The recent turmoil in financial markets, the federal government’s massive public spending to create jobs and stabilize the economy, and the threat of H1N1 to the general population are all very tangible examples of how government is involved in almost all spheres of activity in our society. They also illustrate that every country needs a first class public service to weather the inevitable crises that arise.
Ironically, at a time when governments should be ramping up to meet some of the longer term issues to face a nation, there are a number of factors that suggest the response could be less than optimal.
Among the Westminster countries, there continues to be an ongoing but largely invisible debate about the value of government and the role it should play in a modern democracy. We appear to be going through a phase where the public and elected politicians continue to question the value of activist and progressive government. Despite the obvious failure of the private sector to monitor its own activities in deregulated markets, the public does not appear to have become more trusting of government.
In fact, the data suggest that, overall, the public trusts government institutions less than it did a few years ago. Even public servants are less confident of government than they once were. In Canada, as part of an IPAC/ Deloitte/CGE survey, 48 percent of federal and provincial government executives indicated that government is less capable of responding to challenges than it was a few years ago. The data are less encouraging among U.S. government executives, with 60 percent indicating that government is less able to respond to new challenges than previously.
To some degree this should not be too surprising given that it has become very popular in the media to attack government and to play a “blame game” by highlighting government failures and demonizing those who are responsible. As Bill Eggers noted in If We Can Put a Man on the Moon, “the easy answer of human error supplants a more nuanced appreciation of underlying systemic failure.”
We have developed a new culture of blame and accountability that seeks out and identifies those who are deemed to have failed to deliver. Unfortunately, in many of these cases, it is the public service that is held accountable for the poorly developed programs of their political masters that creates confusion as to where the accountability should be directed.
In addition to the blame game, the public sector in recent years has been subjected to two other developments that promise to undermine the effectiveness of government. The first is the general discounting of evidence as a cornerstone of good policy development. The election of ideological governments in Canada and the U.K. has served to minimize data, evidence and facts and to replace them with political rhetoric and narrowcast thinking that is not based on what is known. By attacking the messenger, as we have seen in the case of federal public servant Richard Colvin, the political strategists have resorted to undermining the credibility of the analyst instead of demonstrating the unsustainability of their analysis. At this point, there are too many examples to dismiss these cases as simply idiosyncratic single outliers.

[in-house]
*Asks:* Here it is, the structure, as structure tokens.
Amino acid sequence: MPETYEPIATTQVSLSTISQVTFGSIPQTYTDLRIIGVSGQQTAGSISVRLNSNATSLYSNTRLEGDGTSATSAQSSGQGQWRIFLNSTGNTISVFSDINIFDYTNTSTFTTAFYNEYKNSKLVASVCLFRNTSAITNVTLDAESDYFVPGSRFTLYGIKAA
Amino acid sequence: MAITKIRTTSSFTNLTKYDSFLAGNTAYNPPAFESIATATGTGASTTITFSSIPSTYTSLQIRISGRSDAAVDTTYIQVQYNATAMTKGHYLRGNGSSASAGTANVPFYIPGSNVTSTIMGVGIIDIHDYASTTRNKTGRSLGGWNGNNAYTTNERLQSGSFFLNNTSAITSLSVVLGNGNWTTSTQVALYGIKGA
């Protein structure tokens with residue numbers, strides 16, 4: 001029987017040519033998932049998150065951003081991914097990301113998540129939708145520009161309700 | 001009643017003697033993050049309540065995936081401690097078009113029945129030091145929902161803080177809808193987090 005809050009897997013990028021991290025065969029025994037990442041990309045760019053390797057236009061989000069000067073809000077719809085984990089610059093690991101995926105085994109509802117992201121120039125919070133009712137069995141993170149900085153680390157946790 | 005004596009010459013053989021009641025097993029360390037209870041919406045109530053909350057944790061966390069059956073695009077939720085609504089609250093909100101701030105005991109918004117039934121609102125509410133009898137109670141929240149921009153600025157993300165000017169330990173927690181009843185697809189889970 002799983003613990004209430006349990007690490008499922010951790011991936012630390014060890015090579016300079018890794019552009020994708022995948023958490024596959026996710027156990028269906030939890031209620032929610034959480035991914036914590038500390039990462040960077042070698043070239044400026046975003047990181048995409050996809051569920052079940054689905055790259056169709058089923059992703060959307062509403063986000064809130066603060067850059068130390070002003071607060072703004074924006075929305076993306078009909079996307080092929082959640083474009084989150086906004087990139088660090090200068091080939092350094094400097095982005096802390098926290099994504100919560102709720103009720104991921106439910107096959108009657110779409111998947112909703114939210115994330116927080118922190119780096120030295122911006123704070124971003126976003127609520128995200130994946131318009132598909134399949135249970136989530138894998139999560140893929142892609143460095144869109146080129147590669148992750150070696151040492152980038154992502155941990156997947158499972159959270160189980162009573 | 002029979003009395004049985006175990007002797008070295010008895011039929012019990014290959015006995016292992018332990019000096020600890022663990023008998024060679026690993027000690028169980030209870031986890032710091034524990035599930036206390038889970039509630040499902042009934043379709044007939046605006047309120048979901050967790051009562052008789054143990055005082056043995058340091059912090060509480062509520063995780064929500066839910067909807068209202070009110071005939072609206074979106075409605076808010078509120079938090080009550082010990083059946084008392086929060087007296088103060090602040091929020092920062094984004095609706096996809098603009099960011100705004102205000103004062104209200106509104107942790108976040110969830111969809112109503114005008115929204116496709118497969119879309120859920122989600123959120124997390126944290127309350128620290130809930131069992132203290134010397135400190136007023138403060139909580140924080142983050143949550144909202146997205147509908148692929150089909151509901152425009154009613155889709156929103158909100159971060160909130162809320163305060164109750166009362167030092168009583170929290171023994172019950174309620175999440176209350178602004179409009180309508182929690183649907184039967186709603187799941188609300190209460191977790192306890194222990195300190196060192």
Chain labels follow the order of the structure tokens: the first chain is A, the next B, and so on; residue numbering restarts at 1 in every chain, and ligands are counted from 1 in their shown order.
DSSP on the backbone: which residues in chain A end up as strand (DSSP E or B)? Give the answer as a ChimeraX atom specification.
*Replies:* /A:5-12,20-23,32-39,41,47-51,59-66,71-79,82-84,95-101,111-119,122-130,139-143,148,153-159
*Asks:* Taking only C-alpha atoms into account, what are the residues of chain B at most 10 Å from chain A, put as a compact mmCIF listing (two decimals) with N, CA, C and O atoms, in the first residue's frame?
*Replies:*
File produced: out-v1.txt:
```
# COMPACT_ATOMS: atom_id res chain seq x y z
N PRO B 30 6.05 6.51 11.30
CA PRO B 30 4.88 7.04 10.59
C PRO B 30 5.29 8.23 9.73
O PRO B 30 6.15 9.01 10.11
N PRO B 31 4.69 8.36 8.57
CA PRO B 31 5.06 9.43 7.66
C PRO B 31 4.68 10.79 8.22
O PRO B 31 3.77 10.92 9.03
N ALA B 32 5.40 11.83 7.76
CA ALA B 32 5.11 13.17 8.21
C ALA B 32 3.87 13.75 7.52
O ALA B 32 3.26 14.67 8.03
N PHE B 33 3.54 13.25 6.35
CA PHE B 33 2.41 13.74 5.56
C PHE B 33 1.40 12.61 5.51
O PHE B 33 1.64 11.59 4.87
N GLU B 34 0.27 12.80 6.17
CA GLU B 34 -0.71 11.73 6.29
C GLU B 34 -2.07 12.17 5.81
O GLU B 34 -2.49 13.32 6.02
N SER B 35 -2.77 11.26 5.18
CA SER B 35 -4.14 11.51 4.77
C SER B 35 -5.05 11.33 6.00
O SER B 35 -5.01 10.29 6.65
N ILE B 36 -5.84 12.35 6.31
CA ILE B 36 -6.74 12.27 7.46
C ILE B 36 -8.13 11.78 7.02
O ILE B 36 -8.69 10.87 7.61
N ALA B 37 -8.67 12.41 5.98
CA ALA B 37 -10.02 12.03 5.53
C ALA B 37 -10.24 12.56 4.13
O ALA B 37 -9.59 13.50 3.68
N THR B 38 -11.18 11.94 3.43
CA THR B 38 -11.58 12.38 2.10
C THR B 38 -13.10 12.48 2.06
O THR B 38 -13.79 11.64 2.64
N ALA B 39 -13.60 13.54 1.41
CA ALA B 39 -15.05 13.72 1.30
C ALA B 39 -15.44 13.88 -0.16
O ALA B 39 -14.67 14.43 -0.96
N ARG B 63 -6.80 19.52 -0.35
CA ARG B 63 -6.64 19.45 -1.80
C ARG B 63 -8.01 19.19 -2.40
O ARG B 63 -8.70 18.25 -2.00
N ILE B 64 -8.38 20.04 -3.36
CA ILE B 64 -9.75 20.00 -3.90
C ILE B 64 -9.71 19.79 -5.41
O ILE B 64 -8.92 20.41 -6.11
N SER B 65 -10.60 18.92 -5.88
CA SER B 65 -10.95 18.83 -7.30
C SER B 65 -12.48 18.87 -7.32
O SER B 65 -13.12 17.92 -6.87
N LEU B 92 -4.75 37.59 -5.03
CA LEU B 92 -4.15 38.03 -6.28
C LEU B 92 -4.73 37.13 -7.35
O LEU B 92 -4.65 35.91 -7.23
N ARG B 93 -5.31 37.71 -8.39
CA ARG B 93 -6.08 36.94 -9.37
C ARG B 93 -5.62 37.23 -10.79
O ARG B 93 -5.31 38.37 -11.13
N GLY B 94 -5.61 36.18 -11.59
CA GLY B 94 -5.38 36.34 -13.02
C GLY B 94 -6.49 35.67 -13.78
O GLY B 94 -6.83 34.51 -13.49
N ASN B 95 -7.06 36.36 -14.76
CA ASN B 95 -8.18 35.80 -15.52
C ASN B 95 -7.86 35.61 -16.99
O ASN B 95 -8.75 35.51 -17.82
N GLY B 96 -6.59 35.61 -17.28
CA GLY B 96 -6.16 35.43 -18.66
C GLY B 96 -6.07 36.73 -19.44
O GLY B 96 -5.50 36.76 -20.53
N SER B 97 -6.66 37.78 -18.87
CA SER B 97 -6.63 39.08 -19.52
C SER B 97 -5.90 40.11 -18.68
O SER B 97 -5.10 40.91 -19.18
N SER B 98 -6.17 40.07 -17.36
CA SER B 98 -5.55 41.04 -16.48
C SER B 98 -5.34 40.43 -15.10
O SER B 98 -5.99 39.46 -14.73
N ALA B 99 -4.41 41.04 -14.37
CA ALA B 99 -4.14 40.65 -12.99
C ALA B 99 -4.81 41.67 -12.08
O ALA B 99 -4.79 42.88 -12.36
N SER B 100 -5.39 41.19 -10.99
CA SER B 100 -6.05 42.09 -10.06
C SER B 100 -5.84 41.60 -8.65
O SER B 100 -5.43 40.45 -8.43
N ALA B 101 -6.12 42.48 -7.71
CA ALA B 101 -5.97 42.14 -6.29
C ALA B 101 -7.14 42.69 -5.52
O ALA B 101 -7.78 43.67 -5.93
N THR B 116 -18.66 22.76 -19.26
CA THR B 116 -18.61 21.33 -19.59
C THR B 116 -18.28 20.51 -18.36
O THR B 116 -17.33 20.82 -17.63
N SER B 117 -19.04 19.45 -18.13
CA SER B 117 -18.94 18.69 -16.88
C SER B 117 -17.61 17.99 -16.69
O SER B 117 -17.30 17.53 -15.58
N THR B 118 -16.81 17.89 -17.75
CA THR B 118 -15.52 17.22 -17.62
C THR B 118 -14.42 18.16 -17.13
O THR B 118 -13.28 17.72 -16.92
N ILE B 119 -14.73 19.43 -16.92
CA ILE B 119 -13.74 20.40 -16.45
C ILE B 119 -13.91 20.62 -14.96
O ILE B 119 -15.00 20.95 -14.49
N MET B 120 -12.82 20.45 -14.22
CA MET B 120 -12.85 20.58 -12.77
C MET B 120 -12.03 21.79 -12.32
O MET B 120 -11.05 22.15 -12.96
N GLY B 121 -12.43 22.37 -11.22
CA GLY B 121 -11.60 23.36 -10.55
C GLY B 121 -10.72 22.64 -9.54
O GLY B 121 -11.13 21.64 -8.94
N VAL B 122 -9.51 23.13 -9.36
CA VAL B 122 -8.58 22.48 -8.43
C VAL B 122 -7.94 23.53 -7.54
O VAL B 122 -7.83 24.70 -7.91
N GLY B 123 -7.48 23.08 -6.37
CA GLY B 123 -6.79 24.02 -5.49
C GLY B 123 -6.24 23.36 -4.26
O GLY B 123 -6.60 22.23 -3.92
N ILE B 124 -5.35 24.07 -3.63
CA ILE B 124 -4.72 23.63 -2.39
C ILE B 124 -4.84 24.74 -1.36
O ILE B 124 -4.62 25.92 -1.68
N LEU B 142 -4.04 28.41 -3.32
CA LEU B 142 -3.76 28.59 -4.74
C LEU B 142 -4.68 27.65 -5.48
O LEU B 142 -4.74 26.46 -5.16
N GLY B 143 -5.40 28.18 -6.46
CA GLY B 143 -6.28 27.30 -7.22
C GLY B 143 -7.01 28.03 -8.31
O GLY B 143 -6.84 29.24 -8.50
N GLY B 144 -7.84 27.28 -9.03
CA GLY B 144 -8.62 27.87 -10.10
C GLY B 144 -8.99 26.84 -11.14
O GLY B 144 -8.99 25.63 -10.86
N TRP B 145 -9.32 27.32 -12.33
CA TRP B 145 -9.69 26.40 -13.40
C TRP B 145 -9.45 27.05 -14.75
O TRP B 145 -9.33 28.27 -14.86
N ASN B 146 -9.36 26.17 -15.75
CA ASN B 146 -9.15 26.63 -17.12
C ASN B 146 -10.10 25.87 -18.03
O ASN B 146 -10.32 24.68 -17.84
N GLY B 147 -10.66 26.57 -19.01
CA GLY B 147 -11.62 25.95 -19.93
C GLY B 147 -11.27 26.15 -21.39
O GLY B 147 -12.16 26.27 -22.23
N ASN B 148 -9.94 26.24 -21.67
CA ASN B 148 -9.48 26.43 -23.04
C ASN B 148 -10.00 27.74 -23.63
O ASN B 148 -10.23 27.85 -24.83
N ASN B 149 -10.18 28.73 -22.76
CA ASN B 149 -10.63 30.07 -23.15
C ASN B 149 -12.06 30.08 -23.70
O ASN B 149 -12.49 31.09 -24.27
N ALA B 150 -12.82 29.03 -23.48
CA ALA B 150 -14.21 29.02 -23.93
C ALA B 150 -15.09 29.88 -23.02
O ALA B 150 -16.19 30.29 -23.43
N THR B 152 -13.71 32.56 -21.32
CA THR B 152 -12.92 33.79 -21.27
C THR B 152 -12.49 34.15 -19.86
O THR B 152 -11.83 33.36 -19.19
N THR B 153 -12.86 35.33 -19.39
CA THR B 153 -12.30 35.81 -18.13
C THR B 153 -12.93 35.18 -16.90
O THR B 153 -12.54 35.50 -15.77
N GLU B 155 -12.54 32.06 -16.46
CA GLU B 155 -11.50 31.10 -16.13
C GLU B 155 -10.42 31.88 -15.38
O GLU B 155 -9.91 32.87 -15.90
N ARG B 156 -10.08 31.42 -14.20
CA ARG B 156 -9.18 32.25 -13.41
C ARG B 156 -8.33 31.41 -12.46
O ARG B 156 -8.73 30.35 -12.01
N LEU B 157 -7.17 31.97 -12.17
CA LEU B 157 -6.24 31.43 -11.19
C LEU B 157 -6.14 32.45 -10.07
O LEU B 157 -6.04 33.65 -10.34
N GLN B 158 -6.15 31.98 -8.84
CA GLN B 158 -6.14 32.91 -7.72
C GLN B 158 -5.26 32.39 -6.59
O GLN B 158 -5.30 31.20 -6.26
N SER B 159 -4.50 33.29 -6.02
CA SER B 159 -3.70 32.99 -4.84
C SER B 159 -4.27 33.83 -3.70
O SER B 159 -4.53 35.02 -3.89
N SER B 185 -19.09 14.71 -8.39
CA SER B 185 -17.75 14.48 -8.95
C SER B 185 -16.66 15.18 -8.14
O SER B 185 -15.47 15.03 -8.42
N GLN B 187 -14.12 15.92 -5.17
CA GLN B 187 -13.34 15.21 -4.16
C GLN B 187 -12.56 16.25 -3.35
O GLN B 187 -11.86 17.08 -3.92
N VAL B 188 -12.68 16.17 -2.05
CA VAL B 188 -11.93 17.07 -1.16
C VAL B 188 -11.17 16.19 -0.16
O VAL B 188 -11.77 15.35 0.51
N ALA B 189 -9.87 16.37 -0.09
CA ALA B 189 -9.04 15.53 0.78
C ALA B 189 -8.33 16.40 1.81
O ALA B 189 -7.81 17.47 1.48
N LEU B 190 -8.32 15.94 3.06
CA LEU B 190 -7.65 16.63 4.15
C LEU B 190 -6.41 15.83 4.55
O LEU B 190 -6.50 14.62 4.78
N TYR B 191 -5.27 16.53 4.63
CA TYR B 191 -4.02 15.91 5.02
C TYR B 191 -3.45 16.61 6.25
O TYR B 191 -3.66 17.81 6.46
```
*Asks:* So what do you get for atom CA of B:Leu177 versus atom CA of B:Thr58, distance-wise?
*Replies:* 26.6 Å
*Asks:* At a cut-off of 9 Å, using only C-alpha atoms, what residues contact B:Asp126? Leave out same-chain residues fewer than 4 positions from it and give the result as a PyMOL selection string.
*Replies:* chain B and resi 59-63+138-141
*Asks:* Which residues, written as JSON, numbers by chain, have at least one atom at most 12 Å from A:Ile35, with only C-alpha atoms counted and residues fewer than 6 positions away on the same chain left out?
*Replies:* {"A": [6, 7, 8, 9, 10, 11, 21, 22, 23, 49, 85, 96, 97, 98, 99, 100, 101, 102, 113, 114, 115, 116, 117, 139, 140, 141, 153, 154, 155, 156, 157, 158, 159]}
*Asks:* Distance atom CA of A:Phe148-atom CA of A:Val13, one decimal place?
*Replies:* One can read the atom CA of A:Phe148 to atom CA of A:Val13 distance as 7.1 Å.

The second development is the general inability of our parliamentarians to have or to encourage a sustained and informed conversation about any policy area given the highly charged political environment that characterizes many governments today. Whether it is climate change, health care or pension reform, the first reaction of our elected officials is to discourage any form of ongoing and informed discussion. This is often manifested as an attack on the organization or person who has done the work, a refusal to allow for a non-partisan debate on the issue, or the reluctance to find a compromise or consensus among decision makers.
It wasn’t so long ago that Canadians used evidence and consensus to deal with one of our most pressing issues. In 1993, the federal government faced a $43 billion deficit. However, the almost decade-long conversation that former Minister of Finance Minister, Michael Wilson, led regarding the deficit and its impact on the future of Canada resulted in a very concerted effort by the Chretien government to address the deficit burden with strong public support.
We need to have a similar prolonged and informed discussion about the pending impact that our aging population will have on the sustainability of our health care, public pension, and job creation systems. This is the time to ask stakeholders to bring forward the evidence and for parliamentarians and others to provide the platform for discussion and debate. To do anything less will simply transfer the costs of our inaction onto generations that follow us.
David Zussman holds the Jarislowsky Chair in Public Sector Management in the Graduate School of Public and International Affairs and at the Telfer School of Management at the University of Ottawa (email@example.com).